ISSUE 43: SEPTEMBER-NOVEMBER 2006

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President Karzai speaks on “State Building in Afghanistan”

President Karzai makes a point during his speech at UNU Centre.

Afghanistan will need international aid for at least another decade but its people are making solid progress in their efforts to rebuild and once again stand on their own feet, the country's President, Hamid Karzai, told an audience at UNU Centre in Tokyo July 7.

Delivering a lecture entitled "State Building in Afghanistan: Past Progress, Current Opportunities, and Future Challenges", President Karzai said that in order to understand the Afghanistan of today, it is essential to comprehend the defining events of the past three decades. Afghanistan was actively developing its infrastructure and expanding its economy in the 1970s, but the Soviet invasion of 1979 disrupted those efforts. Some five million Afghanis fled, primarily to Pakistan and Iran.

The Soviet radicalism of the left was countered by a growing religious radicalism so that when the Soviets were finally driven out, the vacuum was filled by the Taliban and Al Quaida.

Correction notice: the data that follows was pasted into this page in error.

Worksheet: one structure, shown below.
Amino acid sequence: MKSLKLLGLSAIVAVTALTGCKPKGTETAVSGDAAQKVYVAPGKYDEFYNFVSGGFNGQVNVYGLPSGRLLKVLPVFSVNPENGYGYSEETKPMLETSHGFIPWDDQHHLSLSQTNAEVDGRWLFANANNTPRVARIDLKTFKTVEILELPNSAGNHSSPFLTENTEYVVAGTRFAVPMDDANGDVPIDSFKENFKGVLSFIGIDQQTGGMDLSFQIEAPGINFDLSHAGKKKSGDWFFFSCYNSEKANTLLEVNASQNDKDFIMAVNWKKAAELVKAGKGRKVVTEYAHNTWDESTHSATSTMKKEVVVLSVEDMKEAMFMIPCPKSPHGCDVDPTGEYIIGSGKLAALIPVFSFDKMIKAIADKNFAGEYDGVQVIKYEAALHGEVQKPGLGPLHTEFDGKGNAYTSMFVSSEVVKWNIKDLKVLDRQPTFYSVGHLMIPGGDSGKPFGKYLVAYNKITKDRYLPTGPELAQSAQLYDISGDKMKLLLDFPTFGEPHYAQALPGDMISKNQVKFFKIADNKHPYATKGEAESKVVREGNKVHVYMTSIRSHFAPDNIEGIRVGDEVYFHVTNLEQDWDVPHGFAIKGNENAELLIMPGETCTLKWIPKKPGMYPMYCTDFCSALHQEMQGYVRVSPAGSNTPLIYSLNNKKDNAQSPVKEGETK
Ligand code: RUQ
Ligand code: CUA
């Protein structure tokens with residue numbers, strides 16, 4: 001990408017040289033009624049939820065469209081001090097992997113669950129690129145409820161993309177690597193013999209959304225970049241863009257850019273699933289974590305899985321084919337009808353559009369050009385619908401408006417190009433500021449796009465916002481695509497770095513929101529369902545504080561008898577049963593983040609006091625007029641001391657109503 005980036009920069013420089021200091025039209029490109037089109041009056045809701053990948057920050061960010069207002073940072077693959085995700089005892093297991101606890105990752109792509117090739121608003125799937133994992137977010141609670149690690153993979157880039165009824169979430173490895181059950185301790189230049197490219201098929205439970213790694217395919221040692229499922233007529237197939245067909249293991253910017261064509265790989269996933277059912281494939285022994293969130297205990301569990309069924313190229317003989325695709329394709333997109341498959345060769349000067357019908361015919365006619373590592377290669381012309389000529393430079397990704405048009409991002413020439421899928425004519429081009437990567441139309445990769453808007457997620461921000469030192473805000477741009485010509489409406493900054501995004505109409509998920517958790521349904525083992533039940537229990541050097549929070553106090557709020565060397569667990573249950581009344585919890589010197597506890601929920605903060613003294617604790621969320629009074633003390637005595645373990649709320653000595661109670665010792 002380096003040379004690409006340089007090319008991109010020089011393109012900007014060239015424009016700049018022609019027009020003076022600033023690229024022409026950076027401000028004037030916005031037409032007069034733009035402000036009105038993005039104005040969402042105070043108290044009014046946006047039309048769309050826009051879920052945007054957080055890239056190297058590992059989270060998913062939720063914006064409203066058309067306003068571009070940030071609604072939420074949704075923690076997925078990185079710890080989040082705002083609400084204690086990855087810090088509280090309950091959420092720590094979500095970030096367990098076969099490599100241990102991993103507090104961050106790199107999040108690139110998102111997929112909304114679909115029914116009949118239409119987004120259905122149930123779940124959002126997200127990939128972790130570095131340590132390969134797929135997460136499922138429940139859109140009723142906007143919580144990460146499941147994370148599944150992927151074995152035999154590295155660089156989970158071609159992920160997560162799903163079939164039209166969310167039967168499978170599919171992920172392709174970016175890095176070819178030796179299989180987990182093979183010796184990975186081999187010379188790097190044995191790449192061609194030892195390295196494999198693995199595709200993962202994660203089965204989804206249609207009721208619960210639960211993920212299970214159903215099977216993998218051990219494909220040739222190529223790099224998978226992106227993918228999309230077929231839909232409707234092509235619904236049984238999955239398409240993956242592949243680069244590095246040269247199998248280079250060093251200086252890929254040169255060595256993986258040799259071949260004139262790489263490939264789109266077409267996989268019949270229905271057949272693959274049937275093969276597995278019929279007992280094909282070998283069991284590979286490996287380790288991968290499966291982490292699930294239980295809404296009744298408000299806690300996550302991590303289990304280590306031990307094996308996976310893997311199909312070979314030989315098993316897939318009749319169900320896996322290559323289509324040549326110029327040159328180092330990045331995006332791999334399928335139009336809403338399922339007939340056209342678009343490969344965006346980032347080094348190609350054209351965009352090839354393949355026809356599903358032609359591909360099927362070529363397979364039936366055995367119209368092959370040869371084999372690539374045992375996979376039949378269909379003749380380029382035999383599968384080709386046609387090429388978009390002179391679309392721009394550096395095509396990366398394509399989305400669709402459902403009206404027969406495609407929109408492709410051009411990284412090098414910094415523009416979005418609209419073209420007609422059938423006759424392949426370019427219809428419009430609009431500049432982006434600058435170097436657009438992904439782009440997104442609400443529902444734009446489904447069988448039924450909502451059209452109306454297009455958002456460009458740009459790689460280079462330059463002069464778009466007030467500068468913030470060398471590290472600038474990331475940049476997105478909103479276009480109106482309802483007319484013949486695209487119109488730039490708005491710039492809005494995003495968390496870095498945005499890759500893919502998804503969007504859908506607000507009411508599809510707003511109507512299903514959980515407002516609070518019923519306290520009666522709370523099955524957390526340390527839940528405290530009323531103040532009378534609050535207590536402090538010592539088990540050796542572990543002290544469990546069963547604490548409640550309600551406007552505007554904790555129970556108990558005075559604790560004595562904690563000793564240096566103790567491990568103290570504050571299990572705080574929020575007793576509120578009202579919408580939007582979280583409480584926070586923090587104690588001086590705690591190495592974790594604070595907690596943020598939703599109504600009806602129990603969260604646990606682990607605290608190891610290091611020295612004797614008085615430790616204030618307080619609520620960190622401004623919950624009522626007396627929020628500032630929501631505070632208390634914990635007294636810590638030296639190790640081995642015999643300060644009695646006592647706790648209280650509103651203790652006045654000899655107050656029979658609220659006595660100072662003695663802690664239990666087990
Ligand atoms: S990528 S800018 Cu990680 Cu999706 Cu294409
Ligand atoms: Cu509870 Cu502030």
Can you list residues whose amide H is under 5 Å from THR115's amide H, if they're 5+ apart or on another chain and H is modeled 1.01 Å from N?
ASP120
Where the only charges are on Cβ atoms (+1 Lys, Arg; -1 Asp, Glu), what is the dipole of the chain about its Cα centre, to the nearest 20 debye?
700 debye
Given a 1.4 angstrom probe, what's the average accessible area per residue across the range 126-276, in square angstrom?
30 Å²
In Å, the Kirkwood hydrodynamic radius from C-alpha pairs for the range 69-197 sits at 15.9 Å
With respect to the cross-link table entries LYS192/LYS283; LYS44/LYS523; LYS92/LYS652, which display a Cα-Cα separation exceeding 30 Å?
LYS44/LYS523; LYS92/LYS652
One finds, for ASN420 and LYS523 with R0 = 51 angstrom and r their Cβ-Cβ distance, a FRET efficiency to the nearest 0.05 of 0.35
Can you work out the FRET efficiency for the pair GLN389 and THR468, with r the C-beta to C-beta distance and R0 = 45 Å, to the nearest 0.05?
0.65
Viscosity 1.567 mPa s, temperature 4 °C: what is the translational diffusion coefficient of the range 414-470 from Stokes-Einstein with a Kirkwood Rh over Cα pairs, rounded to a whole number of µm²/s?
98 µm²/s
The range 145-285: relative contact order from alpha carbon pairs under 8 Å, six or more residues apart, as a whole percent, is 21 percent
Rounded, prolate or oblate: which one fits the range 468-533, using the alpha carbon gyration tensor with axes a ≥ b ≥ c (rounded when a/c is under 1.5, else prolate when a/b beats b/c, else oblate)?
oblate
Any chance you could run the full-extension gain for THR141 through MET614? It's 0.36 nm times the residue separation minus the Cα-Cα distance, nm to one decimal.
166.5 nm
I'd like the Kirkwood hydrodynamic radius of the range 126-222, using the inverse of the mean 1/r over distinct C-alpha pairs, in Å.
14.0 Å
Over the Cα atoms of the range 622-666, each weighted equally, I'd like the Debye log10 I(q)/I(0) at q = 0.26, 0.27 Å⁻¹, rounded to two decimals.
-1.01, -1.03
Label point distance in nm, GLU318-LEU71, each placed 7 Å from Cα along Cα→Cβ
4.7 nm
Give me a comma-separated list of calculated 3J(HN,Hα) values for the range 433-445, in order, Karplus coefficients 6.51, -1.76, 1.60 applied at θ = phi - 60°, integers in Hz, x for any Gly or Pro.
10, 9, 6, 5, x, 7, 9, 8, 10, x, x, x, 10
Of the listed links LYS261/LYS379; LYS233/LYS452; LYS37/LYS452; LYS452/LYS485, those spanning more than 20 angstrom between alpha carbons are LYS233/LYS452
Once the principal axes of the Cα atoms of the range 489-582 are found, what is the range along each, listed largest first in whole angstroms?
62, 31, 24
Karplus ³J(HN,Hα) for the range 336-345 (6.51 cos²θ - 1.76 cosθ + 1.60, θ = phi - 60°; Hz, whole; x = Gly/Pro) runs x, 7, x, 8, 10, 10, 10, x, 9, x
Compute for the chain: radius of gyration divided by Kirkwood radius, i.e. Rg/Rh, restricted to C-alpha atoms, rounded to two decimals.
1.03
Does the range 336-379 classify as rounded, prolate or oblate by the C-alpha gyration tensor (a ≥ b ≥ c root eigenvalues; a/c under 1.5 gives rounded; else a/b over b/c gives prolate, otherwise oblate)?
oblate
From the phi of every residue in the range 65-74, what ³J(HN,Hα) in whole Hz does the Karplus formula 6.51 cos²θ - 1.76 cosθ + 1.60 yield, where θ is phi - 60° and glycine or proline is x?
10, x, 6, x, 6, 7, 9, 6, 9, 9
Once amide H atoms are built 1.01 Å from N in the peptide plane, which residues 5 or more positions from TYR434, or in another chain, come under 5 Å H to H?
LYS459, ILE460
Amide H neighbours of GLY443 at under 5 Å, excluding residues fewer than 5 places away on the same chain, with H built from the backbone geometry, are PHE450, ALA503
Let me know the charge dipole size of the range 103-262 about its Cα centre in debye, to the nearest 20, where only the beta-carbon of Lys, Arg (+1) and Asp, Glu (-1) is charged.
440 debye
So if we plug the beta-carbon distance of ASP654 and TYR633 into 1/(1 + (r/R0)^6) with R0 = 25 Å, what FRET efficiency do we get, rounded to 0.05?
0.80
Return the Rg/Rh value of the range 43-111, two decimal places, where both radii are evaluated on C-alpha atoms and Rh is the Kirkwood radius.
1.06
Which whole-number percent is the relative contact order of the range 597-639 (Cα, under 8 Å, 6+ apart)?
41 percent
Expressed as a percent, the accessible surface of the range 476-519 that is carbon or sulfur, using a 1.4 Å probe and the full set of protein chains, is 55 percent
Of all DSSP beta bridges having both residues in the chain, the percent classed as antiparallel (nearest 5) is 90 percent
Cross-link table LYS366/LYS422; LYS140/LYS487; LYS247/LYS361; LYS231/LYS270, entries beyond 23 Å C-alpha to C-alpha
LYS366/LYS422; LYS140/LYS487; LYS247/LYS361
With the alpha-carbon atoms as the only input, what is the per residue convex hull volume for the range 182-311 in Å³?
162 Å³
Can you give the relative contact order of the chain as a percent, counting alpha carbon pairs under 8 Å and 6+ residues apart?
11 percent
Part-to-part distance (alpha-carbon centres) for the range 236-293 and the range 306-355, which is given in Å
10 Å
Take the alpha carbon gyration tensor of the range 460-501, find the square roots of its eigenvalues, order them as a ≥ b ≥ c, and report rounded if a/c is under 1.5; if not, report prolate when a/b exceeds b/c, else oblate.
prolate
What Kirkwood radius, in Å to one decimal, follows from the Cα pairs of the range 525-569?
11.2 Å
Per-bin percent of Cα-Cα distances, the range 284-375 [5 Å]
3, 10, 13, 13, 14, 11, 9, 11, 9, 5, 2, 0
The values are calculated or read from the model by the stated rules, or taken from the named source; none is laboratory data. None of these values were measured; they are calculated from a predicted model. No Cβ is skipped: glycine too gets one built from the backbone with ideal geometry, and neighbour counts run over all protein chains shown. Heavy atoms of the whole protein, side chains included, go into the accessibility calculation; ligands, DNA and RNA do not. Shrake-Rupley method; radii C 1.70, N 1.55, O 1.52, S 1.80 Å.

The events of September 11, 2001 alerted the rest of the world to the plight of the Afghan people, President Karzai said. Soon, with outside support, the Afghan people drove out the Taliban and paved the way for a new democratic state. Buoyed by the Bonn Conference and the emergency Loya Jorga, Afghanistan has now held two successful elections (for president and a parliament), and some 4.5 million refugees (including many of the educated elite) have returned.

The rebuilding process has begun, and the economy has improved with per capita income nearly doubling in the past four years. Nevertheless, President Karzai observed, Afghanistan remains among the world’s poorest countries and ranks near the bottom in both literacy and child health.

Moreover, many people still must live with violence, since the Taliban, including many foreign recruits, are still terrorizing the populace and destroying schools and other infrastructure, particularly in the south of the country.

Looking to the future, President Karzai noted that Afghanistan is steadily rebuilding its police force and army to provide increased security. The nation is democratic and women are again taking a role in politics and society. The annual growth rate of the economy since 2002 has exceeded 20 per cent, and the government’s foreign reserves have grown dramatically.

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